The COVID-19 crisis has amplified the need for the family services agency to focus on seniors | Good for Santa Barbara

[Noozhawk’s note: Third in a series sponsored by the Hutton Parker Foundation. Click here for the first story, and click here for the second.]

One of the first orders of the day when the family service agency opened in 1899 was to provide food to needy families.

More than 120 years later, food insecurity remains a vital issue in Santa Barbara County and one that has been exacerbated by the COVID-19 pandemic. Many older members of the community, especially those who live alone, have been among the most affected.

The Family Services Agency is competent to help this population. The non-profit organization offers a number of services for seniors, designed to help seniors aged 60 and over live healthy and meaningful lives.

His abilities include Mental health and caregiver support, elder abuse case managementand one long-term care ombudsman (ASLD) program.

During the pandemic, the agency has stepped up its efforts, teaming up with local nonprofit partners to reach even more senior residents. The FSA led a consortium of 10 agencies who worked together to deliver food, medicine and other basic necessities to people living in aged care homes.

Partner agencies placed door hangers in seniors’ communities, and radio and TV spots told locked-in seniors how to get help. Private funders have supported this vital work, and the FSA reported that 28,687 older people received outreach and support services through the initiative.

“The pandemic has brought to light this often overlooked population in long-term care facilities,” said Marco Quintanar, supervisor of the FSA’s long-term care ombudsman program.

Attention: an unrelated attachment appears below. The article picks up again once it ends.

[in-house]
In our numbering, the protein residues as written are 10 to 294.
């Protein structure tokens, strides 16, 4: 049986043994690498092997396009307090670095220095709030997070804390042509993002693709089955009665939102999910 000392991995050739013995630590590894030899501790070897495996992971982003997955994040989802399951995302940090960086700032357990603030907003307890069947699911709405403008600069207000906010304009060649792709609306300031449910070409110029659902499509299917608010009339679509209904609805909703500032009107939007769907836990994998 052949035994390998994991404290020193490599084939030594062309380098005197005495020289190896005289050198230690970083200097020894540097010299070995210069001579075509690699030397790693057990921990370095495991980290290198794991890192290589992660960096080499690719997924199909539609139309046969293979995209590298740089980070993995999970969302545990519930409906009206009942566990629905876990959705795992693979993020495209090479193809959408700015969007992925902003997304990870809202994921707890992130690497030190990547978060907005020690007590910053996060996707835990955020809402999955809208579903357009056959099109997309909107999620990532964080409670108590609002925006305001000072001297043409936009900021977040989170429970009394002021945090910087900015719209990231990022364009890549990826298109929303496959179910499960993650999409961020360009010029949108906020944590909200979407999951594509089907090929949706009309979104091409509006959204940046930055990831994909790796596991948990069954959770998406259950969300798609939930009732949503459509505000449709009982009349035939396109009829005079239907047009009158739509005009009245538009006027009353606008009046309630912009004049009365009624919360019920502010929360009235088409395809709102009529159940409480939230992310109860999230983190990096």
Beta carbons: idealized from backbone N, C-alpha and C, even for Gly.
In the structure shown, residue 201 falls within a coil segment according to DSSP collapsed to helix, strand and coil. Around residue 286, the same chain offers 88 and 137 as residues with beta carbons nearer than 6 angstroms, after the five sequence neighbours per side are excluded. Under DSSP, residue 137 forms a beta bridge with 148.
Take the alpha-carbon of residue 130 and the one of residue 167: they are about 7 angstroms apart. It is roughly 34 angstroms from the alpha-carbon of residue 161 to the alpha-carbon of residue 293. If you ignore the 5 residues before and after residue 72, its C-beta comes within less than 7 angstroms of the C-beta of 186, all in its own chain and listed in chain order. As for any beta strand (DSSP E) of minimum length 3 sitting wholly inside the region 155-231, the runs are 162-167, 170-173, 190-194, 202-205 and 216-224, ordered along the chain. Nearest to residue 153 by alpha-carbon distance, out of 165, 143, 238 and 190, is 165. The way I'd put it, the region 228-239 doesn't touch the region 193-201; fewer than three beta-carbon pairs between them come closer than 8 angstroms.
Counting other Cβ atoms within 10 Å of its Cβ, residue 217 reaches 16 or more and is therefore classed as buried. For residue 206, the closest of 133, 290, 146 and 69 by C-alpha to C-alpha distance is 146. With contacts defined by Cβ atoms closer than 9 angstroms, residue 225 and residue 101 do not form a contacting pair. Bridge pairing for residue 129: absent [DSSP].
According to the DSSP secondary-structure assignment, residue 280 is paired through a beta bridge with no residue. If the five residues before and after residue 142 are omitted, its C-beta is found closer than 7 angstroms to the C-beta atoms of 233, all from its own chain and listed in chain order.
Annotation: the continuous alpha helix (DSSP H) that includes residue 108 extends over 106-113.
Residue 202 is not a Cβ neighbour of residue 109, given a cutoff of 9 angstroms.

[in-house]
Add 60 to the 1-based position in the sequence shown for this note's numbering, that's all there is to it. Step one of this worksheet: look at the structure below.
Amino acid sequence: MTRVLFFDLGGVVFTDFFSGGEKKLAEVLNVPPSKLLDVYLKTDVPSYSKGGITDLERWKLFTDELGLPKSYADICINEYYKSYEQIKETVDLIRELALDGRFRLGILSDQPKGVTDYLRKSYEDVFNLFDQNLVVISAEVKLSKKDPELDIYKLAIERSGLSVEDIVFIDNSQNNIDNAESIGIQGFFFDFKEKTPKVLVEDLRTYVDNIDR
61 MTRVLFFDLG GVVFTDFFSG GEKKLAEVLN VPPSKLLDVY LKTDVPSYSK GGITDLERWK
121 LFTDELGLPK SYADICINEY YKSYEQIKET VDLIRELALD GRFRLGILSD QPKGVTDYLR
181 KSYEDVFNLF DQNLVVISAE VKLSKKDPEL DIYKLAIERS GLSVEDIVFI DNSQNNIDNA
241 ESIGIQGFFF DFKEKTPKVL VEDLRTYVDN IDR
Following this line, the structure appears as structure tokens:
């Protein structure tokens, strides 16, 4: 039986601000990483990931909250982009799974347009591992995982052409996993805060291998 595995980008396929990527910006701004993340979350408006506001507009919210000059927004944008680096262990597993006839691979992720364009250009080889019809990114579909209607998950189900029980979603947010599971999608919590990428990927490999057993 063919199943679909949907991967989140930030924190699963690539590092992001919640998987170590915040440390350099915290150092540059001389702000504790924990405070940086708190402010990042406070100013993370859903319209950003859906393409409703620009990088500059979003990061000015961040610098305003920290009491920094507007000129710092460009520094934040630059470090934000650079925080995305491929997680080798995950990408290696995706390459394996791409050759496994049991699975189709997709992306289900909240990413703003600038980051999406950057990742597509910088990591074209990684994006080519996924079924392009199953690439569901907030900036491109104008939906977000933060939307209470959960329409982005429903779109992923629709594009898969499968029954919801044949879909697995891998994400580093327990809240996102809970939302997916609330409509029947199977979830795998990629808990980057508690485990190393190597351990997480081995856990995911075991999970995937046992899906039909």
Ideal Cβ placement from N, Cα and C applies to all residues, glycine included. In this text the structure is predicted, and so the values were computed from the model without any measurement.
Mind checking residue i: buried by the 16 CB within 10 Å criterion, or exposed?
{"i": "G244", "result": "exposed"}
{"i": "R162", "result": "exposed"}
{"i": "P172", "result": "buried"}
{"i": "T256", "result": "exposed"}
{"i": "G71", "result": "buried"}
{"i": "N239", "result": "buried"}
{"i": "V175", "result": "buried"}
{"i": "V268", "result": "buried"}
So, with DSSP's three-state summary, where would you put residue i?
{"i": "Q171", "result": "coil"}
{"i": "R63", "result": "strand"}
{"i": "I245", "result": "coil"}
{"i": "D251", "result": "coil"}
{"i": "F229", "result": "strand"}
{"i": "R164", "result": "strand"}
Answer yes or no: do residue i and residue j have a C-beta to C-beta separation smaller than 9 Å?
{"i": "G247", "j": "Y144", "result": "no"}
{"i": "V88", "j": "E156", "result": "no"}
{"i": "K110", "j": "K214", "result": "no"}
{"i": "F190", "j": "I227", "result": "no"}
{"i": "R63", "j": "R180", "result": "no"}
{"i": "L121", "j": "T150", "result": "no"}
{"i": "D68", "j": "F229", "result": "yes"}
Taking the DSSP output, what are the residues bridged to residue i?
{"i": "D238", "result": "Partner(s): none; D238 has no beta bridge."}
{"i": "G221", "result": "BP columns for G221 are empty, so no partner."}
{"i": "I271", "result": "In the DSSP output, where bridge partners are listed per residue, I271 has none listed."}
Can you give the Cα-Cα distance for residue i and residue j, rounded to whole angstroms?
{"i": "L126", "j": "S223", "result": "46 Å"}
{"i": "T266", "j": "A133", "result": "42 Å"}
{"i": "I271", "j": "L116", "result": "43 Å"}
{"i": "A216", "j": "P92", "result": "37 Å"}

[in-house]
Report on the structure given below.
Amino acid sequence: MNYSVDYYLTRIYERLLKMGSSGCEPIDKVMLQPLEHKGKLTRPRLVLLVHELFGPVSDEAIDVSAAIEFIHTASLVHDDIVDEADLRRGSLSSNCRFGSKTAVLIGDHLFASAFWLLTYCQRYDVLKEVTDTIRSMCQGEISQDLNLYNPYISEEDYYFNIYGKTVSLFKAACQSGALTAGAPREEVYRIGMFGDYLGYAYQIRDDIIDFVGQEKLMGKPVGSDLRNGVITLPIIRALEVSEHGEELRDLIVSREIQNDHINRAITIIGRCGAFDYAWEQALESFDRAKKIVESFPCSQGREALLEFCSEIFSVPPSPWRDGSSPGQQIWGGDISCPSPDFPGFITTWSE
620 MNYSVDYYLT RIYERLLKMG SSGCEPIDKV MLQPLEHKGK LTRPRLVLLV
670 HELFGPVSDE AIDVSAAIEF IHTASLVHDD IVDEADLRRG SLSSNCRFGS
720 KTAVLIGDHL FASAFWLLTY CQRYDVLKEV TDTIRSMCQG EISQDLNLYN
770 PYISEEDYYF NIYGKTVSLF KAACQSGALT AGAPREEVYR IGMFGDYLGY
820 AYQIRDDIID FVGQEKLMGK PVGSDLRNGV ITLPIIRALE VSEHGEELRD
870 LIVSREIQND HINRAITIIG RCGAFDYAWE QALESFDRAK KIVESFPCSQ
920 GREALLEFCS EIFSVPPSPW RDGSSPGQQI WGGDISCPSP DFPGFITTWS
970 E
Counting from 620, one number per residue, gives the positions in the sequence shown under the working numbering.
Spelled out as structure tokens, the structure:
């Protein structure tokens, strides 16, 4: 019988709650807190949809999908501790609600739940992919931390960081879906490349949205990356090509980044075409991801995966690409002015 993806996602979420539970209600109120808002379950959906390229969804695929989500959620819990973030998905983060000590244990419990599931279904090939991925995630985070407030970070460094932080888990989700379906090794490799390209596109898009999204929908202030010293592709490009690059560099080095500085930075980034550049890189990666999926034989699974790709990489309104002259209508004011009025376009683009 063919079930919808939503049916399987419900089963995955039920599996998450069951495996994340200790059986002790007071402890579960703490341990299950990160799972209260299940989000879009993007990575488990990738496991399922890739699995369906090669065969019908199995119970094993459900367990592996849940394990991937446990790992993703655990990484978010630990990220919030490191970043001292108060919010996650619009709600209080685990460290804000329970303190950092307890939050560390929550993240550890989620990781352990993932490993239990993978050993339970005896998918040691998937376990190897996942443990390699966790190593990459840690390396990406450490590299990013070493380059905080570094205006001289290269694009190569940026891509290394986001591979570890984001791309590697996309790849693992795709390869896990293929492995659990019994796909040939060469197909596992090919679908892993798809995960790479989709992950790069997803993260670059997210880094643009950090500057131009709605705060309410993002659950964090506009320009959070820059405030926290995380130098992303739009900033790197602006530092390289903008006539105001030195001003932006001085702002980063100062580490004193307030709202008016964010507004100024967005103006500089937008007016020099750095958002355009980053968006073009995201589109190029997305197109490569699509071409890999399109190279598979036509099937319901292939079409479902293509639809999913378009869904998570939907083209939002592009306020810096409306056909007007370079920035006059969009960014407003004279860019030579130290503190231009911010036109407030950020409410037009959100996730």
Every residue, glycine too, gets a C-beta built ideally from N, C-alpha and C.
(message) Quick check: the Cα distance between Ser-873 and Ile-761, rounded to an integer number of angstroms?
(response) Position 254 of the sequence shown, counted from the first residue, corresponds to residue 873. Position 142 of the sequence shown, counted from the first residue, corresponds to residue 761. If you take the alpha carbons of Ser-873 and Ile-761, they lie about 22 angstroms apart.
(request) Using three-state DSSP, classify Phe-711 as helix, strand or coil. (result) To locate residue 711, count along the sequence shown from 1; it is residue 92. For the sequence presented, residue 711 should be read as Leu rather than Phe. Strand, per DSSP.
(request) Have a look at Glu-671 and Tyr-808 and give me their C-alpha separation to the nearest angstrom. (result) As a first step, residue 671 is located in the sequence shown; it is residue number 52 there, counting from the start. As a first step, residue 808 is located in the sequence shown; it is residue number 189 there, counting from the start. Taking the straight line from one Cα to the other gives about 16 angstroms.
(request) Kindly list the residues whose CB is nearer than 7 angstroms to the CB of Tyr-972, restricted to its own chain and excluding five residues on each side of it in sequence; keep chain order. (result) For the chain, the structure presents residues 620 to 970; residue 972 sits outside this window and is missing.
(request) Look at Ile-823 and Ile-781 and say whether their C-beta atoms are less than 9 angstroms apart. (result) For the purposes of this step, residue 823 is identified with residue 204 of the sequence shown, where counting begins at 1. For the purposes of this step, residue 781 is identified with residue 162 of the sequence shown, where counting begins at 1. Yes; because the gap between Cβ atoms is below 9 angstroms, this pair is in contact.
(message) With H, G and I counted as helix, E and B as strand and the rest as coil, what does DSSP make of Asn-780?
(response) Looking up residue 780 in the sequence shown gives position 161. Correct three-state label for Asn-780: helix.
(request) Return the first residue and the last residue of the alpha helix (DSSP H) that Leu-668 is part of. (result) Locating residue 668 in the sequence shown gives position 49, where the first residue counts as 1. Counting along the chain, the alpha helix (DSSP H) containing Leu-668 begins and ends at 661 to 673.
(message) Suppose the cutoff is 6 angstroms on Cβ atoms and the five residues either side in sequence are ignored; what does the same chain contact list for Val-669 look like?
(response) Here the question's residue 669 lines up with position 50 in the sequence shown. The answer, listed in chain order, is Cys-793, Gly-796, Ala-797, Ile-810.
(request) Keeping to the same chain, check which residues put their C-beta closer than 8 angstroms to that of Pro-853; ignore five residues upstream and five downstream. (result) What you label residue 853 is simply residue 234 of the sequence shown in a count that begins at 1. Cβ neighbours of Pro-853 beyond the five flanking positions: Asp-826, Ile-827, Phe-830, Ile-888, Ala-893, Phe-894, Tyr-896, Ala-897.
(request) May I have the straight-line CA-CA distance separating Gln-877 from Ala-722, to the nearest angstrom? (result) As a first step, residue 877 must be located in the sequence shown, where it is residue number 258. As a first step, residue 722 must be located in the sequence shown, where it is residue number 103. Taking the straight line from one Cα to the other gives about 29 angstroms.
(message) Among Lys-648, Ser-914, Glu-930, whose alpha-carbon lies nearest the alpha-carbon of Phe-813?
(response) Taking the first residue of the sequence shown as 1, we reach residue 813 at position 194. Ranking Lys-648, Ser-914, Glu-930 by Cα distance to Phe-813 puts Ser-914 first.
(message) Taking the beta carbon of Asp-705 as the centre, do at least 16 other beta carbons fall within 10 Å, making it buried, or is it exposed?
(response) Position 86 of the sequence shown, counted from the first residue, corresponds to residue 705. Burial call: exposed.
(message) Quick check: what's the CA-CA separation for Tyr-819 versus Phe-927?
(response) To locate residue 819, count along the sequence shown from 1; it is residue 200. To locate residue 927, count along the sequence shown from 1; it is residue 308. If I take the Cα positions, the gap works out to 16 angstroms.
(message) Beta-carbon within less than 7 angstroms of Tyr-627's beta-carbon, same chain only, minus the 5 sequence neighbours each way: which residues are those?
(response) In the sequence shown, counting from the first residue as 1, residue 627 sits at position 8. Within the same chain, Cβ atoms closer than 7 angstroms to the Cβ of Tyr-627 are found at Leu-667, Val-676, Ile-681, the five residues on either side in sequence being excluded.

The ombudsman program advocates for older adults in licensed long-term care facilities to ensure they receive the highest quality of care and the best quality of life. Staff and volunteers make unannounced visits at least once a week, to observe and address any concerns.

Family Services Agency Volunteers
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Volunteers from the Family Service Agency help distribute food to seniors in the City of Santa Barbara Housing Authority. (Photo by Family Services Agency)

Yet during the pandemic, even mediators have been denied access. So, like almost everyone else, they turned to Zoom and relied on telephone and telehealth registrations, which cannot adequately replace the value of an in-person connection.

The agency is now back in person to conduct site visits, and perhaps no one is happier than Mike Leu, the longest-serving LTCO volunteer. An aerospace engineer by training and former reserve deputy sheriff, Leu has been with the program for more than 10 years.

He also has a law degree, and he told Noozhawk that the ombudsman volunteer opportunity appealed to him because it was a good match for his skills.

A big part of Leu’s volunteer efforts is talking with people, conducting surveys and solving problems. Many of the cases he sees are family financial abuse.